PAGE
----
- Temporary assumptions: We reduce the number of potential outcomes, to make the decision easier. We have less questions to ask the business stakeholders in early stages, which means less possible answers and faster decision making.
This will we enough to select the first workload we will move to the cloud. This will be key to learning and testing the assumptions, provide corrective measures, and learn about the process.
The selection should be a workload with minimum dependencies, as well as small group of assets. Focus on low business impact ones. Qualitative analysis will be easier to perform – data point wise, but also time wise. We can do more precise cost-modeling and align them with the forecast costs.
The migration of such workload will improve skills, help define core services (long-term goal), understand the operational model of the cloud environment.
On the area of cost modeling side, we can use several tools at our disposal:
- Azure Pricing Calculator: useful online tool for budgetary cloud cost estimation. You can use it during the Strategy or Plan phases.
- Azure Migrate: most cost-effective tool (agent-less) than can be used for precise inventory, partial rationalization and cost calculation for the digital assets. Its part of the Plan, Ready and Adopt phases.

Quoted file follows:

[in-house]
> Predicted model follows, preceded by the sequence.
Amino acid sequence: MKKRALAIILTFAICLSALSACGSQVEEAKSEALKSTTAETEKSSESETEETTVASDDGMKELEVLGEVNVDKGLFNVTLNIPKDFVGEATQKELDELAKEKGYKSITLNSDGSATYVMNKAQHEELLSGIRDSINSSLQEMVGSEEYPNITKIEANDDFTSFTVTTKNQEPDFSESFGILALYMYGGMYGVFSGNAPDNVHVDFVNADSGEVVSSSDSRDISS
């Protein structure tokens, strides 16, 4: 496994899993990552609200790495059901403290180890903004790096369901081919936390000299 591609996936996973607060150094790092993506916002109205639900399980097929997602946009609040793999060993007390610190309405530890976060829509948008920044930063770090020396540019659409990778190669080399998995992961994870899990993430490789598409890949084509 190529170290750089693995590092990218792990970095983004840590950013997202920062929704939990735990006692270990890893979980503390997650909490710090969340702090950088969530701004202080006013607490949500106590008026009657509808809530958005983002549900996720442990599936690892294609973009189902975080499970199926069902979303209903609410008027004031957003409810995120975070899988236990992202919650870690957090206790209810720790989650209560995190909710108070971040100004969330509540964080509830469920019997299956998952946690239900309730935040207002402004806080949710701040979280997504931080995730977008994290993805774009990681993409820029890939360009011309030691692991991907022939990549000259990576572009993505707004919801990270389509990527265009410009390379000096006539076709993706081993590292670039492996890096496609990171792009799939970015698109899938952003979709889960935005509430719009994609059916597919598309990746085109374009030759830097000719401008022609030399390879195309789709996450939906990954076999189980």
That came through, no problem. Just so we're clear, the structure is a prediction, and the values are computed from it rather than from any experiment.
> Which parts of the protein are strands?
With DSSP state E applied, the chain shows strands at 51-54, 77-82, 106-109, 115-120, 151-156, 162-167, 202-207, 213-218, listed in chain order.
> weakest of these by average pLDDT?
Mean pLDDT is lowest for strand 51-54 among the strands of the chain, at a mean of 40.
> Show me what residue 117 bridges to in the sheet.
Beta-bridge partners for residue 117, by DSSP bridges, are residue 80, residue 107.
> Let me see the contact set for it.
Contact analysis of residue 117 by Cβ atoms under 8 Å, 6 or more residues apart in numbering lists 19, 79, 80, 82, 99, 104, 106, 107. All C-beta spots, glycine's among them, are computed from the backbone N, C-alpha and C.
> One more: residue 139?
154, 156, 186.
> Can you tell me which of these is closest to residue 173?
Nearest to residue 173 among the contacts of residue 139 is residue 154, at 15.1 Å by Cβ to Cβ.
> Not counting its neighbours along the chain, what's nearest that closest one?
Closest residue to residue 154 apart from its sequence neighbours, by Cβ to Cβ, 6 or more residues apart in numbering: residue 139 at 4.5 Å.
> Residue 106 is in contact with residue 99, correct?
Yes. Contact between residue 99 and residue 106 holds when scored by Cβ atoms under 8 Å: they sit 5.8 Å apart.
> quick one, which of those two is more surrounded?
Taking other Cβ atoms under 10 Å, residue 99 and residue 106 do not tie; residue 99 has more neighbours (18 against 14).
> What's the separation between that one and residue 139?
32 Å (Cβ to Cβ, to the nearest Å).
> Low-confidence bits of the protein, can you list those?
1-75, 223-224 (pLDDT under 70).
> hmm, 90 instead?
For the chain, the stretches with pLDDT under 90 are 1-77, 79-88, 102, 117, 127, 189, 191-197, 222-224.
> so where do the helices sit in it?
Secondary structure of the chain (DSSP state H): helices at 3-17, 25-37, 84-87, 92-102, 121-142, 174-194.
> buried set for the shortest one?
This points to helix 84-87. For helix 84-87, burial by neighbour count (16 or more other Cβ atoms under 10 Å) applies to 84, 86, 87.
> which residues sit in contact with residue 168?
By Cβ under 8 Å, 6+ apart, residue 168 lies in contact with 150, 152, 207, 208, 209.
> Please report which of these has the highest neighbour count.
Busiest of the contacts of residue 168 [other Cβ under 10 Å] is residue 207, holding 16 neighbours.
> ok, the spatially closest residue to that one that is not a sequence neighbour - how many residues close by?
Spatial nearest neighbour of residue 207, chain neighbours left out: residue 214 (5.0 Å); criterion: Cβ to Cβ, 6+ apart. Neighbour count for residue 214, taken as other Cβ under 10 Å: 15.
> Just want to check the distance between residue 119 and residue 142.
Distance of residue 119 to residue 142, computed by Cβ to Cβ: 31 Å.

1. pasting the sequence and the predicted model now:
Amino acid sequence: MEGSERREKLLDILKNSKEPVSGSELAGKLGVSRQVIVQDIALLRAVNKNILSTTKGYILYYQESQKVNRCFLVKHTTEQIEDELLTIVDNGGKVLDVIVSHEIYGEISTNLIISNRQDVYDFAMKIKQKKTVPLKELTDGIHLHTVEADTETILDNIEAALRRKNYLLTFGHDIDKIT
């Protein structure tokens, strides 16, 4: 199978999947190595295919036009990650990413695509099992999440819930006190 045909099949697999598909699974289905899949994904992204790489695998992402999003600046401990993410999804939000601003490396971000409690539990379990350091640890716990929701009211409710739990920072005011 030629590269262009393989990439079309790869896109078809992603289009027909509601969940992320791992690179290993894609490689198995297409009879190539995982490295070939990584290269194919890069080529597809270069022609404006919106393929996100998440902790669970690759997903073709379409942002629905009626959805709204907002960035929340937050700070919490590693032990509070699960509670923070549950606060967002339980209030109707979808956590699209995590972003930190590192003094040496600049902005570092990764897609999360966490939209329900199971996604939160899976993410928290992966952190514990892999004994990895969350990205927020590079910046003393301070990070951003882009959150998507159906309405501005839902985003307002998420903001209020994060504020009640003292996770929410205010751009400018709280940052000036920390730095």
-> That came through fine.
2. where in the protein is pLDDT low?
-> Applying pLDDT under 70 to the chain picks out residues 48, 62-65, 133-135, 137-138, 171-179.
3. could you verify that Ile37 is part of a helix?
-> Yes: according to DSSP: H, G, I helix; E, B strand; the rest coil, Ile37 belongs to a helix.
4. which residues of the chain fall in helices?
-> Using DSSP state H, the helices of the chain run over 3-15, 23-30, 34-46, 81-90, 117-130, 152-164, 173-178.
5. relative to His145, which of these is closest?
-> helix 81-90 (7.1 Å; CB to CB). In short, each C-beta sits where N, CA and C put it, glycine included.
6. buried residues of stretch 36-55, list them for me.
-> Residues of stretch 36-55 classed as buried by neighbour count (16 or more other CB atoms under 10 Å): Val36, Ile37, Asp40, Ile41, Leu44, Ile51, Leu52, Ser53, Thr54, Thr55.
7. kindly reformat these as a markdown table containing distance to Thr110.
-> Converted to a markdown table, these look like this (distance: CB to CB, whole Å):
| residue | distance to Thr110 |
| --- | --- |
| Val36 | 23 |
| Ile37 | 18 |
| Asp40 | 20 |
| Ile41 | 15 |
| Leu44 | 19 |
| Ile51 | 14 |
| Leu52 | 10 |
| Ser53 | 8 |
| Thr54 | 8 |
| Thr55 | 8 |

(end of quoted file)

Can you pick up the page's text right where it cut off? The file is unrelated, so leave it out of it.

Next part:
- Azure Cost Management: once we move asset to the cloud, Azure will provide us with real consumption information and cost trends, define and track budgets, get alerts. We can use the Portal or integrate trough the API’s, directly to our ERP/Finance systems, providing full visibility into the resource consumption.
The complete CAF for Azure methodology goes into more details on all above-mentioned topics, and I strongly recommend reviewing it before you proceed.
Once we complete this step, we will be ready to pick and choose the quick win projects. In the other parts of the article, we will talk little bit more about these into details.
People, skills, organization alignment plan
What ever plan we make, it will always depend on whether the right people (teams) are assigned to it, what are the skills of those people for that specific plan execution, and the organizational alignment.